Simon Is Compelled to Carry Jesus’ Cross

32 As they were going out, they met a Cyrenian named Simon; this man they pressed into service to carry his cross. (27:31b-32)

In Roman executions, the vertical crucifixion stake was permanently fixed at the place of execution; the condemned man was typically forced to carry the heavy crossbar himself. In this spare rendering of the Way of the Cross, we hear the echo of Jesus’ declaration that everyone – himself included – must carry his own cross (16:24); such is the nature of discipleship.  Simon the Cyrene (modern Libya) was pressed into service (cf 5:41) to assist in carrying the cross. In the Matthean narrative he is the only person present at Golgotha whose name we know. That a stranger carries Jesus’ cross (a) emphasizes the abandonment of the disciples and (b) anticipates the coming Gentile mission.

The King Is Scourged and Mocked

27 Then the soldiers of the governor took Jesus inside the praetorium and gathered the whole cohort around him. 28 They stripped off his clothes and threw a scarlet military cloak about him. 29 Weaving a crown out of thorns, they placed it on his head, and a reed in his right hand. And kneeling before him, they mocked him, saying, “Hail, King of the Jews!” 30 They spat upon him and took the reed and kept striking him on the head. 31 And when they had mocked him, they stripped him of the cloak, dressed him in his own clothes, and led him off to crucify him. (27:26-31a)

Where the religious trial ends by mocking Jesus as the Christ, the secular trial ends with Jesus being mocked as king with a scarlet cloak (a soldier’s cape) parodying the emperor’s purple robe, a reed representing a royal scepter, and the crown of thorns. Jesus is thus enthroned as king, and offered the homage of kneeling which a Hellenistic ruler required.  In this scene Matthew continues to redefine what kingship means.  If this scene is a coronation, then the cross will be the throne.

Jesus Is Condemned

11 Now Jesus stood before the governor, and he questioned him, “Are you the king of the Jews?” Jesus said, “You say so.” 12 And when he was accused by the chief priests and elders, he made no answer. 13 Then Pilate said to him, “Do you not hear how many things they are testifying against you?” 14 But he did not answer him one word, so that the governor was greatly amazed.  Continue reading

The Death of Judas

3 Then Judas, his betrayer, seeing that Jesus had been condemned, deeply regretted what he had done. He returned the thirty pieces of silver to the chief priests and elders, 4 saying, “I have sinned in betraying innocent blood.” They said, “What is that to us? Look to it yourself.” 5 Flinging the money into the temple, he departed and went off and hanged himself. 6 The chief priests gathered up the money, but said, “It is not lawful to deposit this in the temple treasury, for it is the price of blood.” 7 After consultation, they used it to buy the potter’s field as a burial place for foreigners. 8 That is why that field even today is called the Field of Blood. 9 Then was fulfilled what had been said through Jeremiah the prophet, “And they took the thirty pieces of silver, the value of a man with a price on his head, a price set by some of the Israelites, 10 and they paid it out for the potter’s field just as the Lord had commanded me.” (27:3-10) Continue reading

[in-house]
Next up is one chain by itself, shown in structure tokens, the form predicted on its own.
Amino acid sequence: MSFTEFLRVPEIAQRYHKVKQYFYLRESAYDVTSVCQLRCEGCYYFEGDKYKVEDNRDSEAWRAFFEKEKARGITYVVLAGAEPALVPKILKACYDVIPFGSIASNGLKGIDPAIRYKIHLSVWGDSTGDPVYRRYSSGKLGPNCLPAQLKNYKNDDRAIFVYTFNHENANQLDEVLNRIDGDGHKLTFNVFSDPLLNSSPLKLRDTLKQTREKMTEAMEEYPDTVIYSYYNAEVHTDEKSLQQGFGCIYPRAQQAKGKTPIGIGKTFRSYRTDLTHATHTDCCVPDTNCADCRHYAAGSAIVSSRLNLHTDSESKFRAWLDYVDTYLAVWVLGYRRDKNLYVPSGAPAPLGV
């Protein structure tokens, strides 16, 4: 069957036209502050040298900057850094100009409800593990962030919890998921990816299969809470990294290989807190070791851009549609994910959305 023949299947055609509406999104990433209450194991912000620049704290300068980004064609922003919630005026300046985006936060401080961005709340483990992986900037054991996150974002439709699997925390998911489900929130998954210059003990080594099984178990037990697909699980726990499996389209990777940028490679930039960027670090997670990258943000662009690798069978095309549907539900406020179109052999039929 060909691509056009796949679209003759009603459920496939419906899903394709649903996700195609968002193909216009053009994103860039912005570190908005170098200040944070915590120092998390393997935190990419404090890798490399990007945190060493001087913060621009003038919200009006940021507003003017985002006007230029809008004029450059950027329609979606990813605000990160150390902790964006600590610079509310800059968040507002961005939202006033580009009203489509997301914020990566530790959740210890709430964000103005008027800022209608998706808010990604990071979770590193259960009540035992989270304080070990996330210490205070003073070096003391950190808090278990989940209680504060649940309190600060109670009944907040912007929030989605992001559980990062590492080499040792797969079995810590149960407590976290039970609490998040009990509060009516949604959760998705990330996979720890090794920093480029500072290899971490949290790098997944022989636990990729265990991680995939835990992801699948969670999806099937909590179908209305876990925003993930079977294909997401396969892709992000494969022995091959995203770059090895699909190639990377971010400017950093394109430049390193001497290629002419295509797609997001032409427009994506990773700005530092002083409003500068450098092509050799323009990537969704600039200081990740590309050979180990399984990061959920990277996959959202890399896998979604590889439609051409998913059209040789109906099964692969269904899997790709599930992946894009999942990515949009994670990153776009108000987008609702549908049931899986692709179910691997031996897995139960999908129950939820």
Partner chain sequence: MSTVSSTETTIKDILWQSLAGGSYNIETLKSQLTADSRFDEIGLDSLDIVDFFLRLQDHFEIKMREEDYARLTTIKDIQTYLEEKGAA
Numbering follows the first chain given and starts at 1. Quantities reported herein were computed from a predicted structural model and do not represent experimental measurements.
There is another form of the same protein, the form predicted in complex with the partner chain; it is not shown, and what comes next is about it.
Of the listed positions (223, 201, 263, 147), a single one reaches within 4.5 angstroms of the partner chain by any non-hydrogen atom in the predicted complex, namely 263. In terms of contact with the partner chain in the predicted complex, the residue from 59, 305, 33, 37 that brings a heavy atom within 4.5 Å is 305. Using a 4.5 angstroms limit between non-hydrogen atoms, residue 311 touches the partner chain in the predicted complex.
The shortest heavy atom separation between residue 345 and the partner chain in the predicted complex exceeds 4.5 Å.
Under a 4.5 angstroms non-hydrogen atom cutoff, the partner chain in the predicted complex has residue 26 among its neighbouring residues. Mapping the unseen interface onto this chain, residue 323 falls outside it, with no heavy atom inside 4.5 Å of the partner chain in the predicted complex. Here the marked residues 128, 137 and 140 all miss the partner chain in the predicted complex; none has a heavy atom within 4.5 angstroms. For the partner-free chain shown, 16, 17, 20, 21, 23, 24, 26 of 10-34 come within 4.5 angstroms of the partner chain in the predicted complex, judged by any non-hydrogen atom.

Jesus Is Transferred to Roman Authority

1 When it was morning, all the chief priests and the elders of the people took counsel against Jesus to put him to death. 2 They bound him, led him away, and handed him over to Pilate, the governor. (27:1-2)

At the conclusion of their all-night hearing the religious authorities must now find a way of having their verdict implemented. The death penalty could be imposed only by order of the Roman governor and a charge of ‘blasphemy’ would carry no weight with him. It was therefore necessary that the elder  took counsel over an appropriate charge, and also, no doubt, over appropriate persuasive tactics. They could not expect an easy time of it, as Pilate the governor (ad 26–36; his official title was ‘praefectus’) was notorious for his obstinacy in refusing to accommodate to Jewish prejudices, his portrait in non-Christian Jewish sources being considerably less flattering than that in the Gospels (See Josephus, Ant. xviii. 55–62, 85–89).